The award scheme – the highly successful brainchild of Prince Philip – is deemed to be at risk of alienating the next generation by being too slanted towards camping and orienteering, and not enough towards the march of technology in the modern age, although many parents would regard that as one of its most positive features.
The King is also expected to play a role in stabilising the devolutionary debate – particularly given the turmoil in the Scottish National Party and its independence drive – supported by William in Wales and Prince Edward as Duke of Edinburgh in Scotland.
The Duke of Edinburgh Award scheme – the highly successful brainchild of Prince Philip – is deemed to be at risk of alienating the next generation
The monarch’s successful visit to Germany last month was the first sign of a change in emphasis away from the Commonwealth and towards the European Union, with Downing Street keen for the King – aided by his elder son and daughter-in-law – to help ease relations with the Continent after Brexit and to boost trading relations.
However, given the late Queen’s love of the Commonwealth, the King has emotional reasons to maintain his relations with the dominions. A visit to India is currently being discussed as a possible early visit.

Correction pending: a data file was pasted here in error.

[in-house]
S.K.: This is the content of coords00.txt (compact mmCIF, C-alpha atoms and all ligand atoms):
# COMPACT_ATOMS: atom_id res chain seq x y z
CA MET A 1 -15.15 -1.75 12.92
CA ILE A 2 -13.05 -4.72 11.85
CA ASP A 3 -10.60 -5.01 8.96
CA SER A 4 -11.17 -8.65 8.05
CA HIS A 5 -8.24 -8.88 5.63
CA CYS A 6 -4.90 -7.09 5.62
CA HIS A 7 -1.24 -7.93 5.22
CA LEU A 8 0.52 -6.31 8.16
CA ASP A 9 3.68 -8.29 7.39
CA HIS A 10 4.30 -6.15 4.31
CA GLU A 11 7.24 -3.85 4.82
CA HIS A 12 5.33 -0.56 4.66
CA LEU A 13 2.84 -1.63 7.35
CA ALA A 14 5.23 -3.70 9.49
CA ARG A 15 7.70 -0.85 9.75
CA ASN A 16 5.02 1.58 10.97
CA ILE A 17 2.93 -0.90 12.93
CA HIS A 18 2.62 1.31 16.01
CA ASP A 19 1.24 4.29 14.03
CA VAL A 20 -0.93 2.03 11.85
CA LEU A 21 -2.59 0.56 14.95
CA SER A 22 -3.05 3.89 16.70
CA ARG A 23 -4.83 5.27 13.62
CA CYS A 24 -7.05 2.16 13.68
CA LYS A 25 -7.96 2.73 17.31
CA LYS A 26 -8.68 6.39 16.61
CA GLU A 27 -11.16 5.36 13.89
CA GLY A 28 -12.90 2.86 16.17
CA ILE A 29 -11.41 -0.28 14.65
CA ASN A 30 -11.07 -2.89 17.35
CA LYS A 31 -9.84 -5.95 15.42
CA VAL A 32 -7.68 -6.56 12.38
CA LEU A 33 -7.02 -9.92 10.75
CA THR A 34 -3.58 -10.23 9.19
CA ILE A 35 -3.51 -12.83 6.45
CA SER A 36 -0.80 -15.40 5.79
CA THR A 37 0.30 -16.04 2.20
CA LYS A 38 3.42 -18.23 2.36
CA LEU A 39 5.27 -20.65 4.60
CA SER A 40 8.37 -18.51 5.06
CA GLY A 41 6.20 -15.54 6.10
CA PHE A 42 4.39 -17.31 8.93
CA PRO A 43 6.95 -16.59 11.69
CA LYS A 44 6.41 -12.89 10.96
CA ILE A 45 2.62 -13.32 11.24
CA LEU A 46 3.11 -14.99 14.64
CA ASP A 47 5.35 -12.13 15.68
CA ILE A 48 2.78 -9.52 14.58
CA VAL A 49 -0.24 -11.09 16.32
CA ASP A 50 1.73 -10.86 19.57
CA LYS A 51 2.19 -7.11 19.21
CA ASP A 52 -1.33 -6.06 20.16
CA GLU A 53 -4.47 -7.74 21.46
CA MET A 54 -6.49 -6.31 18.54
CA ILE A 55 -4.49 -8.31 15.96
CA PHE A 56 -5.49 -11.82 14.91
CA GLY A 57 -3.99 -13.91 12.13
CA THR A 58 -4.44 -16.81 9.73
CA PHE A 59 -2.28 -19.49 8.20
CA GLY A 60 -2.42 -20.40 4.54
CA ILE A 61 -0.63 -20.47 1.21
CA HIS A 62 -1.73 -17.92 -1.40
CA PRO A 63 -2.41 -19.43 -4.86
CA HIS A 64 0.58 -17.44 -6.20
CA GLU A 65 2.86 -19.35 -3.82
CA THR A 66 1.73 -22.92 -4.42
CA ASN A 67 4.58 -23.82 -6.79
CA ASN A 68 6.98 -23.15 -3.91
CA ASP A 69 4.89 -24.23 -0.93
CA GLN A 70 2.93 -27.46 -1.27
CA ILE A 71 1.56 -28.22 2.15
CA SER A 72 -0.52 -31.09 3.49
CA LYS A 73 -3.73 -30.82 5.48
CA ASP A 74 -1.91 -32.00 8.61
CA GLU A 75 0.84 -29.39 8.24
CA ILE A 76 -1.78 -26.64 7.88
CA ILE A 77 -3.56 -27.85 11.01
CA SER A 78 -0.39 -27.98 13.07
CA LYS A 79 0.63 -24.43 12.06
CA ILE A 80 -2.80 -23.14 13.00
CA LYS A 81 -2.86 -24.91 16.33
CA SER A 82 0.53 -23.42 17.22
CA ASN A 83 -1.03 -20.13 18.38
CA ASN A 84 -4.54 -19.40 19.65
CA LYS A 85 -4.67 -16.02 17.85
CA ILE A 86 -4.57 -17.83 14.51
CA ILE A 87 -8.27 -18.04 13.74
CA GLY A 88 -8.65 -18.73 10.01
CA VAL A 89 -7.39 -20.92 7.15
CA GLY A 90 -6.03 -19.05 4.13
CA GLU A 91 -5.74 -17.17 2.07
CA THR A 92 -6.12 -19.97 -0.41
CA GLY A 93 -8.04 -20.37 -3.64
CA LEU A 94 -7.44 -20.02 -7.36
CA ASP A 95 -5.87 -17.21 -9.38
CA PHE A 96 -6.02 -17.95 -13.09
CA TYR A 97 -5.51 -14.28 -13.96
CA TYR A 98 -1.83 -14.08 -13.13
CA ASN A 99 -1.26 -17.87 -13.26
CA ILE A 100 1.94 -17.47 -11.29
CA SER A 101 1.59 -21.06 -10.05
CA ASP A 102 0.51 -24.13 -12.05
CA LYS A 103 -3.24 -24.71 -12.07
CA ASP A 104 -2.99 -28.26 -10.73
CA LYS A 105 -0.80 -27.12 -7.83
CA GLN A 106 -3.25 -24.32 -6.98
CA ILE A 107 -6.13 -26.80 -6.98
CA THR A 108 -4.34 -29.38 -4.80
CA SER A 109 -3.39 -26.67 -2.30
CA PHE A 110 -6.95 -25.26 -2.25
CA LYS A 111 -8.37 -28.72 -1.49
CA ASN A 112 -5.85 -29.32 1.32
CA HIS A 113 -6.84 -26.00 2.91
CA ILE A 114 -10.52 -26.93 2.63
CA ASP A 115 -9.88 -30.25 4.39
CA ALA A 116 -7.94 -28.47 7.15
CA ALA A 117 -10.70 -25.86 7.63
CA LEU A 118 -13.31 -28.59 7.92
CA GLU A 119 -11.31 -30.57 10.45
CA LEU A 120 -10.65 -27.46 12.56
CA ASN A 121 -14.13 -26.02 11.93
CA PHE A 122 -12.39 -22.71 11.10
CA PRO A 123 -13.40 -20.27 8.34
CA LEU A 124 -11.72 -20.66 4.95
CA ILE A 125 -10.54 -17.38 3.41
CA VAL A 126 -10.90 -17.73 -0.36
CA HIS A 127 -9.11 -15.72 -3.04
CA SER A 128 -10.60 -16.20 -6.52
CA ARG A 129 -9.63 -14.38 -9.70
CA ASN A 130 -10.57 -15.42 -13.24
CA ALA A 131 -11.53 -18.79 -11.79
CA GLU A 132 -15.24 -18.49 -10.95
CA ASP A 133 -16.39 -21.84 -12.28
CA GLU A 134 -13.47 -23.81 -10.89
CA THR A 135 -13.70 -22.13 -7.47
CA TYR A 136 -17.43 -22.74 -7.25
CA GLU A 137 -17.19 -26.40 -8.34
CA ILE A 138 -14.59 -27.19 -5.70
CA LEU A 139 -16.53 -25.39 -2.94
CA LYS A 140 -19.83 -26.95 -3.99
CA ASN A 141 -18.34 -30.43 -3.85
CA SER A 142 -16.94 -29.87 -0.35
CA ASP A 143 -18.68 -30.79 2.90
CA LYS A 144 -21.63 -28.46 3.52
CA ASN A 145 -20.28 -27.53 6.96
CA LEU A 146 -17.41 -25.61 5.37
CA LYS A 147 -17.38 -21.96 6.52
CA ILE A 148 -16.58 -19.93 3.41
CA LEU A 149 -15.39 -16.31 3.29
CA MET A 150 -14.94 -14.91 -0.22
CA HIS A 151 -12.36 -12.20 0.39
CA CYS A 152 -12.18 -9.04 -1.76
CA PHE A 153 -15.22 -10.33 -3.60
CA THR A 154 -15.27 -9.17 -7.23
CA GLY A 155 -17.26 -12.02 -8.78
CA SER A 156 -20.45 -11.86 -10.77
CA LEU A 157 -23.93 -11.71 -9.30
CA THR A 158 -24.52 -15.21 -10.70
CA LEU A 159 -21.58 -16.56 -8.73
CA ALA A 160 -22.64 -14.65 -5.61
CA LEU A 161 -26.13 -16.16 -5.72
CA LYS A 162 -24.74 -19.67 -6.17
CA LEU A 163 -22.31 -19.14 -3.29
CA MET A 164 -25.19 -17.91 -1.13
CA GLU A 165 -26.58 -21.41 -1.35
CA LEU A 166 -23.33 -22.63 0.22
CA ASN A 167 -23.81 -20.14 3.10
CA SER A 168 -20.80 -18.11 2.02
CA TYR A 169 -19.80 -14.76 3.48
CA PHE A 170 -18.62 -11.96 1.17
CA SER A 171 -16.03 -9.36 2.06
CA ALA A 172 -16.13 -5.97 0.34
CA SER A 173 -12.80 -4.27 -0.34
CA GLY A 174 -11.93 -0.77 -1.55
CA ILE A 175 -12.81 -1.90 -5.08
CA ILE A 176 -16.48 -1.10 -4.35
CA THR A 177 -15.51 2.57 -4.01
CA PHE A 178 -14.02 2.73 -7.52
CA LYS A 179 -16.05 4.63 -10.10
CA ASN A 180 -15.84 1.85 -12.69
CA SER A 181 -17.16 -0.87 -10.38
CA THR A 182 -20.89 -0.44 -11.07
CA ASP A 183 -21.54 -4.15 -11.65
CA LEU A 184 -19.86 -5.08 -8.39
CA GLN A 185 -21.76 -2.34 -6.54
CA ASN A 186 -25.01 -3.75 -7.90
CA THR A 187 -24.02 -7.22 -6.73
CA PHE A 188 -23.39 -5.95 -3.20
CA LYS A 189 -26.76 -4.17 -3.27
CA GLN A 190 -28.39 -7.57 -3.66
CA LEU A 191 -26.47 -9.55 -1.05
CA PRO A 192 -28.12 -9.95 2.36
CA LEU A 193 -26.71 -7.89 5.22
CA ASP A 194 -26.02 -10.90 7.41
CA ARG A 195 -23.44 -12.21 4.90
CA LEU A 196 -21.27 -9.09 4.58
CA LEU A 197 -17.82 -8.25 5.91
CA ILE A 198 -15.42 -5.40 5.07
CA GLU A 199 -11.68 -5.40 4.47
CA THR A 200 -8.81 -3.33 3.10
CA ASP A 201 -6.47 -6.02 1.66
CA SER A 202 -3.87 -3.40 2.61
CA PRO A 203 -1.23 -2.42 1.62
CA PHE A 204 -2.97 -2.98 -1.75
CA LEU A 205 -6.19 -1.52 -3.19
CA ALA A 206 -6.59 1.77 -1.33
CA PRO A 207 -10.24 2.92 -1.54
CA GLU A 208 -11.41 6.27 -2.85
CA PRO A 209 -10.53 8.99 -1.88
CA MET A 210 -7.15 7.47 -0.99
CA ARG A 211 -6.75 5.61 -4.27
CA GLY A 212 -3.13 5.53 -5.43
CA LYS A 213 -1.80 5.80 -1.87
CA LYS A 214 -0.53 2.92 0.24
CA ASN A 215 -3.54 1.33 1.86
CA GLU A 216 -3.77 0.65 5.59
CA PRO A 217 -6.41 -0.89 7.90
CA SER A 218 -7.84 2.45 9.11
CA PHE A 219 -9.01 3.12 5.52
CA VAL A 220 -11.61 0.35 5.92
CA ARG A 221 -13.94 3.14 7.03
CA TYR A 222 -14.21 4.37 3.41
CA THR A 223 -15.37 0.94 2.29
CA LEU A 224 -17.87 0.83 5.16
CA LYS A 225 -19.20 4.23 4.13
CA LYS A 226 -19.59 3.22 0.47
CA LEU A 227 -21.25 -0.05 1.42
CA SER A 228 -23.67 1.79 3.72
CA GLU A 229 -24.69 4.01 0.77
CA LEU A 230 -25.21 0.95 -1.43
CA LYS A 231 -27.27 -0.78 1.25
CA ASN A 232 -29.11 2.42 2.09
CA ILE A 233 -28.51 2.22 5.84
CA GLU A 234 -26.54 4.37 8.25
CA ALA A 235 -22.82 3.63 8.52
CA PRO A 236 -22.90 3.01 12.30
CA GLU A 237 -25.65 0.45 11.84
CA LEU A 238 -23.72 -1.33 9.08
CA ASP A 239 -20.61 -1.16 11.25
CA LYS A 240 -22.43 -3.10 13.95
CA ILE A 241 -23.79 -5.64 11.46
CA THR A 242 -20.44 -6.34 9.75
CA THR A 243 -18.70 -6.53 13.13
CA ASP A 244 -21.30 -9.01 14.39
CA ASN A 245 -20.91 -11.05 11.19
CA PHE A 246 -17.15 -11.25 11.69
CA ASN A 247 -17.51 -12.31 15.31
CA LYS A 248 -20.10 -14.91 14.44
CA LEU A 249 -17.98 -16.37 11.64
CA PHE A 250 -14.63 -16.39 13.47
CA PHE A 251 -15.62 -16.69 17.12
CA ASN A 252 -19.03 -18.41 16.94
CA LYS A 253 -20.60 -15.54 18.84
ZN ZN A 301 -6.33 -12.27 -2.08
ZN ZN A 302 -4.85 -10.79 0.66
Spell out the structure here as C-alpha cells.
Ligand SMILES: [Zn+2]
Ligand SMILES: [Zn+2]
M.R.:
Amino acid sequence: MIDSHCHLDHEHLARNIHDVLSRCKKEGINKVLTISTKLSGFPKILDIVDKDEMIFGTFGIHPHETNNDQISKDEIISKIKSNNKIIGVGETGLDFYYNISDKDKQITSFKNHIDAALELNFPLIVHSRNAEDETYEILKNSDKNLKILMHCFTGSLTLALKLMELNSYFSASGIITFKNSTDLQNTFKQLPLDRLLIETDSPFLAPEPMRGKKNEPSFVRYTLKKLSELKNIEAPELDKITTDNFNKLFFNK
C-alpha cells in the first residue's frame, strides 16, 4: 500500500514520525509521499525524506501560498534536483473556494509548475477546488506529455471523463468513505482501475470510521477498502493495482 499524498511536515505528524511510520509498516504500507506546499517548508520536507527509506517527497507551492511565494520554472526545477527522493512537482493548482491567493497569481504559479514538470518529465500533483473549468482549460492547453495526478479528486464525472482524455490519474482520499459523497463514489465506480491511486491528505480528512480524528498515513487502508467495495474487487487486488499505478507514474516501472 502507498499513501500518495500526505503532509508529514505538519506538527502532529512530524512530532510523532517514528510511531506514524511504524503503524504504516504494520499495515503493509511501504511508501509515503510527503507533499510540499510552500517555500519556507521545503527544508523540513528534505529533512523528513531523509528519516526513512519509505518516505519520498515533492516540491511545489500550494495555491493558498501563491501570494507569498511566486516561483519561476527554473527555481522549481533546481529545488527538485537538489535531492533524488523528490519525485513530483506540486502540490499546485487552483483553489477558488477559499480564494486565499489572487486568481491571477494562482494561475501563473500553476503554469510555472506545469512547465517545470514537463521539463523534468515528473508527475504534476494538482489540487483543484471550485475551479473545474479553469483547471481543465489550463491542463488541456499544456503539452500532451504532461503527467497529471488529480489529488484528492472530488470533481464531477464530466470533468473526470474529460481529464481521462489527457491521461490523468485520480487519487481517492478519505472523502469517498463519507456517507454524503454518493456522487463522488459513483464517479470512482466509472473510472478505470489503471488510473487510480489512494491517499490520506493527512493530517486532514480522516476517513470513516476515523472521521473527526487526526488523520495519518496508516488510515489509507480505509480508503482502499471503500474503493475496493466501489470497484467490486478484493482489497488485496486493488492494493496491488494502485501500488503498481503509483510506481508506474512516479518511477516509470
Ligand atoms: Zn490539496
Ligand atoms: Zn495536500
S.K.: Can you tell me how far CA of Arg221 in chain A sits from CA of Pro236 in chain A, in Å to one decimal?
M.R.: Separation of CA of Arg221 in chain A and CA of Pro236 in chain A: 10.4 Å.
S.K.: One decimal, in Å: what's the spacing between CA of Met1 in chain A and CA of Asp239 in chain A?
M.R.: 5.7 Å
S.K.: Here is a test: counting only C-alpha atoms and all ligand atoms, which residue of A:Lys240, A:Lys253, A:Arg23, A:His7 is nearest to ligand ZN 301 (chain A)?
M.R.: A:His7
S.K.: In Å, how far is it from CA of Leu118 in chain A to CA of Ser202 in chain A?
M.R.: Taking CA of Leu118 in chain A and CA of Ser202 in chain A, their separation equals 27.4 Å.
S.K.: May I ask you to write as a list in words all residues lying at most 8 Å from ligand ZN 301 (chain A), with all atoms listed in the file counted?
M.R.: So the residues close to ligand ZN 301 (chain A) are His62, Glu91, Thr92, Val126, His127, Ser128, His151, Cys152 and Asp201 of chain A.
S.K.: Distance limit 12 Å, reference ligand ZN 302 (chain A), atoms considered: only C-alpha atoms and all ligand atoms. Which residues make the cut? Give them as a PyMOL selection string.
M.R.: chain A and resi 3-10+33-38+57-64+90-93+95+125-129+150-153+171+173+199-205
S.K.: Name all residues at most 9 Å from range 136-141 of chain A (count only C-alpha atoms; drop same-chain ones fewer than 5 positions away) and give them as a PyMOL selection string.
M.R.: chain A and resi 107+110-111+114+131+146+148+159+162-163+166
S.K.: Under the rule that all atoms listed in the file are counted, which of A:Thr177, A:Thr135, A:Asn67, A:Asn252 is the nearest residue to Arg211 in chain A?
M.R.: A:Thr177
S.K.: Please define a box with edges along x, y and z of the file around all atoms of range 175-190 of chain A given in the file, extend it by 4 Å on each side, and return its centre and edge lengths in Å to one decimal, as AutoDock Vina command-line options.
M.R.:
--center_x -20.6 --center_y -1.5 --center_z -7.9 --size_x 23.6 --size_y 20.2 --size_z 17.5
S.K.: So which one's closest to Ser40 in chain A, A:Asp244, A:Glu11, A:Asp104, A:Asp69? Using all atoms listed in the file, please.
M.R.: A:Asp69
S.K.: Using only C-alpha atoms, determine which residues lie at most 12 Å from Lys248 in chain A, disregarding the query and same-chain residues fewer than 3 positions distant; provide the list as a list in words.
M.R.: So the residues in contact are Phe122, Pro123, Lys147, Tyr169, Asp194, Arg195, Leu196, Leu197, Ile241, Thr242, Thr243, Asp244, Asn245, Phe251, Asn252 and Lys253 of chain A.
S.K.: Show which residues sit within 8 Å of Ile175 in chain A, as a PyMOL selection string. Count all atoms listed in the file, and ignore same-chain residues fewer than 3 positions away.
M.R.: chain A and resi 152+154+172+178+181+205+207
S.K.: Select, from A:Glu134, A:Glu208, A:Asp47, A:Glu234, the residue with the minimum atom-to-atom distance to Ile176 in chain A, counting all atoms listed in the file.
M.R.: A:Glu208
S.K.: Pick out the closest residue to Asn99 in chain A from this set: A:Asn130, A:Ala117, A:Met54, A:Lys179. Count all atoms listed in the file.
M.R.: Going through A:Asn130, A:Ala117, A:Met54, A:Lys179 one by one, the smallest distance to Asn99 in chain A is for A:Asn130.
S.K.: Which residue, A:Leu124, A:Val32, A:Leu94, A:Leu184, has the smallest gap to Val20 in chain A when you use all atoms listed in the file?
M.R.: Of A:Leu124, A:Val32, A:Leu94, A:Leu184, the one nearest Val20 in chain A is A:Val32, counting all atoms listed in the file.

Sir Vernon Bogdanor, recalled that ‘the monarchy could only survive by being seen to serve the public’
The modernists expect the King to be more engaged with the Middle East than his mother, including visits to the Gulf monarchs, and for a bold engagement with Chinese dissidents. And if the war in Ukraine drags on, expect the King to increase the supportive rhetoric for President Zelensky.
Sir Vernon said last night: ‘As Prince of Wales, Charles pioneered the public service monarchy.
‘He appreciated that monarchy could not survive just by being seen. It also had to be seen to be contributing to society.
‘His charities, in particular The Prince’s Trust, have done a great deal to help the young unemployed, members of ethnic minorities etc – groups to some extent disfranchised by the political system.
‘His state visit to Germany shows that the monarchy still exerts a great deal of soft power, enabling Britain to punch above her weight in foreign affairs. The visit has done something to heal the scars of Brexit.’
Given the late Queen’s love of the Commonwealth, the King has emotional reasons to maintain his relations with the dominions. Pictured: Flags celebrating the upcoming Coronation of King Charles
He added: ‘One area that has not been emphasised is patronage of the arts. As is well known, Charles is a keen amateur painter. He also plays the cello and has great interest in classical music. And he is a devotee of Shakespeare.
‘In the 18th Century, the monarchy played an important role in encouraging the arts. It may do so again today.’
However, Sir Vernon played down the idea that Charles would become ‘King Father’, saying: ‘I am sure that, like his mother, Charles will never abdicate. He appreciates that in Britain the role of head of state is a lifetime commitment.’